As the emerging solar industry fights to become a viable solution to our current energy challenges, I wonder why we are making it so hard. Whenever one of my technicians turns on a system for the first time and the meter begins to turn backwards, there is a moment of amazement and I think, “This is the way it could be for everybody.” But it isn’t. Almost every time the prices drop enough to make solar financially feasible, the industry gets hit with another bureaucratic slap. Having owned a solar installation company for more than 12 years, sometimes I wonder if this “solar coaster” ride will ever end.

New Solar Tariffs


In recent news, two bankrupted U.S. solar manufacturers petitioned the International Trade Commission (ITC) to place tariffs on all foreign imported solar modules and cells. These companies claimed that foreign companies (mostly in China and South Korea) were “dumping” inexpensive solar modules into the U.S. making it impossible to run a profitable solar manufacturing business here in the states.

In January the federal government placed a 30 percent tariff on imported solar cells and modules. Over the next four years, this tariff is set to step down 5 percent annually and end in 2023. Also, the first 2.5 gigawatts of imported cells will be exempt, so U.S. manufacturers can still import the less expensive cells to continue making modules, in theory getting a leg up on foreign manufacturers.

Though not my area of expertise, consider also that experienced analysts believe implementing tariffs may create a trade war with some of our biggest trade partners. The effects of which would be felt by every business and consumer in the U.S.

Impact on Jobs

It is hoped that at least one of the bankrupted companies’ market value will rise enough to be bought out so those workers can keep their jobs, at least for the next five years. This is good news for about 2,000 employees.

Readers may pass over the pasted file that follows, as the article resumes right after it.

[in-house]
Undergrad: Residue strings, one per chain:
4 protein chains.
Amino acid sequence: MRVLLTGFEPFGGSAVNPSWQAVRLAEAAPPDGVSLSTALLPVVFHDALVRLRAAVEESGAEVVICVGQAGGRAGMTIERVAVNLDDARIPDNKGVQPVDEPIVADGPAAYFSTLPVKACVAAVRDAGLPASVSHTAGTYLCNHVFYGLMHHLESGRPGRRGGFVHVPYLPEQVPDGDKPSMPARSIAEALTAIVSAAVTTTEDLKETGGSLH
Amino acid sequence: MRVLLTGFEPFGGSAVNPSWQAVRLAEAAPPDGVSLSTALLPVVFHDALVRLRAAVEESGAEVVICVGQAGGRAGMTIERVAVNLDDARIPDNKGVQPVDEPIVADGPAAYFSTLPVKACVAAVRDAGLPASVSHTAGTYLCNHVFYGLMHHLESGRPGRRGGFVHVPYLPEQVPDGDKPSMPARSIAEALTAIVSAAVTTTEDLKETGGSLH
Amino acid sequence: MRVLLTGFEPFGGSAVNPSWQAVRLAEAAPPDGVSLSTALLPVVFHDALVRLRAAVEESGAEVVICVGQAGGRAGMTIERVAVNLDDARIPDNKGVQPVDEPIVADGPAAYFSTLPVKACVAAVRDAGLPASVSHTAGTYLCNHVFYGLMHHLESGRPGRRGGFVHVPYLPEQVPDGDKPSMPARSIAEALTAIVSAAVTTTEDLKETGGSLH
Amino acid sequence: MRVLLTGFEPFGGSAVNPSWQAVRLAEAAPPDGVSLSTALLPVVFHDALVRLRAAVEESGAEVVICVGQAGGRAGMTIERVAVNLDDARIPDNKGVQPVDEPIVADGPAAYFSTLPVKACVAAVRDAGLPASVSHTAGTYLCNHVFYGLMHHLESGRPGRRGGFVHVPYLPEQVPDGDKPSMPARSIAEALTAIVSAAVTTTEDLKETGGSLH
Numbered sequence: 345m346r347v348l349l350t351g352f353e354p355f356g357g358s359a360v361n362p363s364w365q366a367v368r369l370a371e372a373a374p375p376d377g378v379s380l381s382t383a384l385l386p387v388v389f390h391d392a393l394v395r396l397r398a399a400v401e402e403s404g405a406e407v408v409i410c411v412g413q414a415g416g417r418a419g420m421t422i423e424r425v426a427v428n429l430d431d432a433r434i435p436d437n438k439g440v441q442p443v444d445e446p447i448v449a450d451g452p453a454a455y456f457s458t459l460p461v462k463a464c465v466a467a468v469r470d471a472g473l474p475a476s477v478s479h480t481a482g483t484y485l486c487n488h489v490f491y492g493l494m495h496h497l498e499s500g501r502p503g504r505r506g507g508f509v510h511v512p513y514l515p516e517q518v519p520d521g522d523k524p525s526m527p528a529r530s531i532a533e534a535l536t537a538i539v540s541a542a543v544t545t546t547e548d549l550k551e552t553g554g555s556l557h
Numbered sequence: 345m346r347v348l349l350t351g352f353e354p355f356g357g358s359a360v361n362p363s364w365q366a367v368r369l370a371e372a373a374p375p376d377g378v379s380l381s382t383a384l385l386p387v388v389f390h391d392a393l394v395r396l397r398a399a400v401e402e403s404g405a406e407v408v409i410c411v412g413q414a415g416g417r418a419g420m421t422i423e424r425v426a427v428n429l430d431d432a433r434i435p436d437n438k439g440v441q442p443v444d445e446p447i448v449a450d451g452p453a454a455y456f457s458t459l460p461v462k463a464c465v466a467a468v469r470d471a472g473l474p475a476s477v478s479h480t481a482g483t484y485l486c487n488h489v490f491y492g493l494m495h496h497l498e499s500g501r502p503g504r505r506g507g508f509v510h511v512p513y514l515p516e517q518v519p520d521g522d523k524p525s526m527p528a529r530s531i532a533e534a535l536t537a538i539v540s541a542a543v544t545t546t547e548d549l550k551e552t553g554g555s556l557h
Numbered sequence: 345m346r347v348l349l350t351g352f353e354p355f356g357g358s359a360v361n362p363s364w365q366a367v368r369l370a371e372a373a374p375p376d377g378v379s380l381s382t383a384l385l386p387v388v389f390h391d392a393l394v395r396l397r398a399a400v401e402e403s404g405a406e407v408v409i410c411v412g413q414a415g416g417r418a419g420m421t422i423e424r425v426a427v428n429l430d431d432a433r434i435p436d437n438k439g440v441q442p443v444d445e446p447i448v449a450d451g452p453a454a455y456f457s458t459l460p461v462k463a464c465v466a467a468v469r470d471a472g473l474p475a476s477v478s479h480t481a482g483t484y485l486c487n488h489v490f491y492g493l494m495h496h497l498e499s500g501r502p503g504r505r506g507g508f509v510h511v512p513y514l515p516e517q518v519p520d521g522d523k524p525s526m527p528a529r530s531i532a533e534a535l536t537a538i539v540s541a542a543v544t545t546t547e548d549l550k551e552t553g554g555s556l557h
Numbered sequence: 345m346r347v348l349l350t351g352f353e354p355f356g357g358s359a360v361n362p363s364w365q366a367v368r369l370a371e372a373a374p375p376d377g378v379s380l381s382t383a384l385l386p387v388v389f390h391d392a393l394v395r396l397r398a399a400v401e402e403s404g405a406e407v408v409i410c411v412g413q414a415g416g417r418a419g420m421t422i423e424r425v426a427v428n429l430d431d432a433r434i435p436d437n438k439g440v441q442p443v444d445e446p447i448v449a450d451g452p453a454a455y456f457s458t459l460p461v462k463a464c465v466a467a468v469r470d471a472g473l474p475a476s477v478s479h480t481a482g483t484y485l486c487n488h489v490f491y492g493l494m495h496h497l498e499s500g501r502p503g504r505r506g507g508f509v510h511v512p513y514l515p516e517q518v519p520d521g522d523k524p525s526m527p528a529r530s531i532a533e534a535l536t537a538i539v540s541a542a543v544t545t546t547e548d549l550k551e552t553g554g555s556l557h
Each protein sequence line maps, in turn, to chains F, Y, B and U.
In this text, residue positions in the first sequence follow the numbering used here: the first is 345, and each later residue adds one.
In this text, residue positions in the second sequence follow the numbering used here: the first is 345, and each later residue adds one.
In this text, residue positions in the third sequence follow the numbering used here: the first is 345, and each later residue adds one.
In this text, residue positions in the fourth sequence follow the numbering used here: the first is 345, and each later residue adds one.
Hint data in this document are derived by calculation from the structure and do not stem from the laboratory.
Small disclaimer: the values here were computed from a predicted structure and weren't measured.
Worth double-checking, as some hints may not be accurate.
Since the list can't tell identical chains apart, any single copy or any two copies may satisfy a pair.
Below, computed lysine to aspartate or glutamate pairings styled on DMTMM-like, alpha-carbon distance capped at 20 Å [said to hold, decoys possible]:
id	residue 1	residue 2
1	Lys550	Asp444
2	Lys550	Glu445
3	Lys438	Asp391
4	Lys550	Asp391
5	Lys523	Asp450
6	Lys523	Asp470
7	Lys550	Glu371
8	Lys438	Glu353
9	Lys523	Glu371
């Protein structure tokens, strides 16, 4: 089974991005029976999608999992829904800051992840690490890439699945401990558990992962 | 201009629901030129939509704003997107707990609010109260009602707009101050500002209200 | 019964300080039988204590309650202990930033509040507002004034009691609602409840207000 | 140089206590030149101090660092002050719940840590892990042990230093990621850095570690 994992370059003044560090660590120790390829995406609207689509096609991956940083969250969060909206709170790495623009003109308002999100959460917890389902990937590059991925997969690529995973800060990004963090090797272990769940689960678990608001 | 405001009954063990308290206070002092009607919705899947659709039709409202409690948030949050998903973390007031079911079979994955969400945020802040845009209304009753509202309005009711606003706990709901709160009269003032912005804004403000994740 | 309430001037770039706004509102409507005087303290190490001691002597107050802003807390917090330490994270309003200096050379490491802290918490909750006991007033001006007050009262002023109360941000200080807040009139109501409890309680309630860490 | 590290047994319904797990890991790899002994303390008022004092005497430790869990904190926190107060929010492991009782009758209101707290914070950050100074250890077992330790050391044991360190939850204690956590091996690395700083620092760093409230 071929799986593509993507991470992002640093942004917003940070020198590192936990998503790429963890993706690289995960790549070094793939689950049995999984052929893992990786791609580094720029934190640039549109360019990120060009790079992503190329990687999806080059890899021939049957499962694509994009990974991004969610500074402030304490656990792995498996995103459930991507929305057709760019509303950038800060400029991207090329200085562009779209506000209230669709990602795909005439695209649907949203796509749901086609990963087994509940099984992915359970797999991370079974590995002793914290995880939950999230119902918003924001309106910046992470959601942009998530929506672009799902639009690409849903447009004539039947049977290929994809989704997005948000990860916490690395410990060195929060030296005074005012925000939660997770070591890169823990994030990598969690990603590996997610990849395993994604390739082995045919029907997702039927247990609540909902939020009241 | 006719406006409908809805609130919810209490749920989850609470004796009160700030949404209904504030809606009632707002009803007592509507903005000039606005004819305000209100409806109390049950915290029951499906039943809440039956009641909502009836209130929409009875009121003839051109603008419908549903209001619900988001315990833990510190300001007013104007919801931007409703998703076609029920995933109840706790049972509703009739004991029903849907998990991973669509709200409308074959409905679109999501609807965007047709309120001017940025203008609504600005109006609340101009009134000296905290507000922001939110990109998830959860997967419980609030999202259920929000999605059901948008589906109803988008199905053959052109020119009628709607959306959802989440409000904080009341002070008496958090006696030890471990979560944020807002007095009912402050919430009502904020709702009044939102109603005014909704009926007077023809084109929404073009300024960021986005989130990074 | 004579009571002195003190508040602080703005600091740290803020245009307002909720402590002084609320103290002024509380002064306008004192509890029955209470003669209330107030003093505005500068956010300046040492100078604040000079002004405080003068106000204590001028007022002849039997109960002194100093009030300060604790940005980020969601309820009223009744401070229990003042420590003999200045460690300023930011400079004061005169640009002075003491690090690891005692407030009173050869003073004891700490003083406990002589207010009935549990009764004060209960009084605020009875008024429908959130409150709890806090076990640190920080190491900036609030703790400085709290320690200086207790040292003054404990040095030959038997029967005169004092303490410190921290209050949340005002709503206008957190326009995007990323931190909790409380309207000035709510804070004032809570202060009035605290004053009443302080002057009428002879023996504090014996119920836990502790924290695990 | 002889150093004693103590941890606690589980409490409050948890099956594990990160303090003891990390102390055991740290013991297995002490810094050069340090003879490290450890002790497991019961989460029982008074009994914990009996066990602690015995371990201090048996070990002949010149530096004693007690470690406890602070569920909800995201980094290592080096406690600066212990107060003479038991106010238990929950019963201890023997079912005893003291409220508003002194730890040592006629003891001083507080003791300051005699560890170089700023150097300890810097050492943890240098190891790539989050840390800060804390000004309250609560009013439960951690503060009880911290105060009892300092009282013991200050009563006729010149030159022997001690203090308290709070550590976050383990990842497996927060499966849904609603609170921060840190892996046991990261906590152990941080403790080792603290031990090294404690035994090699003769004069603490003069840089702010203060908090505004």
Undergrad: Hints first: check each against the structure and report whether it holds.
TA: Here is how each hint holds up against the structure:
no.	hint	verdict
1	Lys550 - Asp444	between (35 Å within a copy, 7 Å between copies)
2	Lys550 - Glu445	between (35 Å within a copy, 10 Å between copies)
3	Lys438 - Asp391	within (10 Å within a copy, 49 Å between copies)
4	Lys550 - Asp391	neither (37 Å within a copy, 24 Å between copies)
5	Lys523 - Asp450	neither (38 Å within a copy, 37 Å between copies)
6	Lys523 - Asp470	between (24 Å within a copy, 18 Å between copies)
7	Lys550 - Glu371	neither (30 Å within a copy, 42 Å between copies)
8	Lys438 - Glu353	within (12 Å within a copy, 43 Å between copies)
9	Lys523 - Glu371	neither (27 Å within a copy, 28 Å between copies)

But in other areas, the job loss will be significant. Under the new tariff, cost of the average residential solar system will likely increase by $1,000 to $1,500. My company and others like it only stand to lose a couple projects. But the real impact is on the industrial side, where margins are much slimmer. In fact, many utility-scale projects are slated to be lost, impacting industrial installers, and rippling out to supporting businesses such as manufacturers of related products, solar financiers, solar engineers, and designers. Of a reported 260,000 employees in these sectors last year, 23,000 jobs will be lost under the new tariff. Subtracting the 2,000 manufacturing jobs saved still leaves us with an estimated net loss of 21,000 jobs.

Does Solar Still Make Sense?

A week after the tariff was implemented, people began asking us, “does it still make sense to go solar?” My answer continues to be a resolute “yes.” Though the initial cost for a system will go up slightly, the overall cost of solar has come down significantly over the past decade, and great rebates and tax incentives are in place. In fact, the typical residential system in our area saves customers an average of $1,000 to $1,200 annually.

The next question is, “Does it pay to wait a few years for the tariff to subside and let the price of panels drop?” I don’t believe it does. While waiting five years to install a system may save you the projected solar panel price increase of $1,000 to $1,500, you will have lost out on an average utility bill savings of $5,000 to $6,000.

In the end, what is really going to save solar jobs, both in the manufacturing and other sectors, is people like us deciding to go solar. Vote with your dollars.

~ Mark Dickson is the owner and operator of Simple Power, a local Reno/Tahoe solar installation company.


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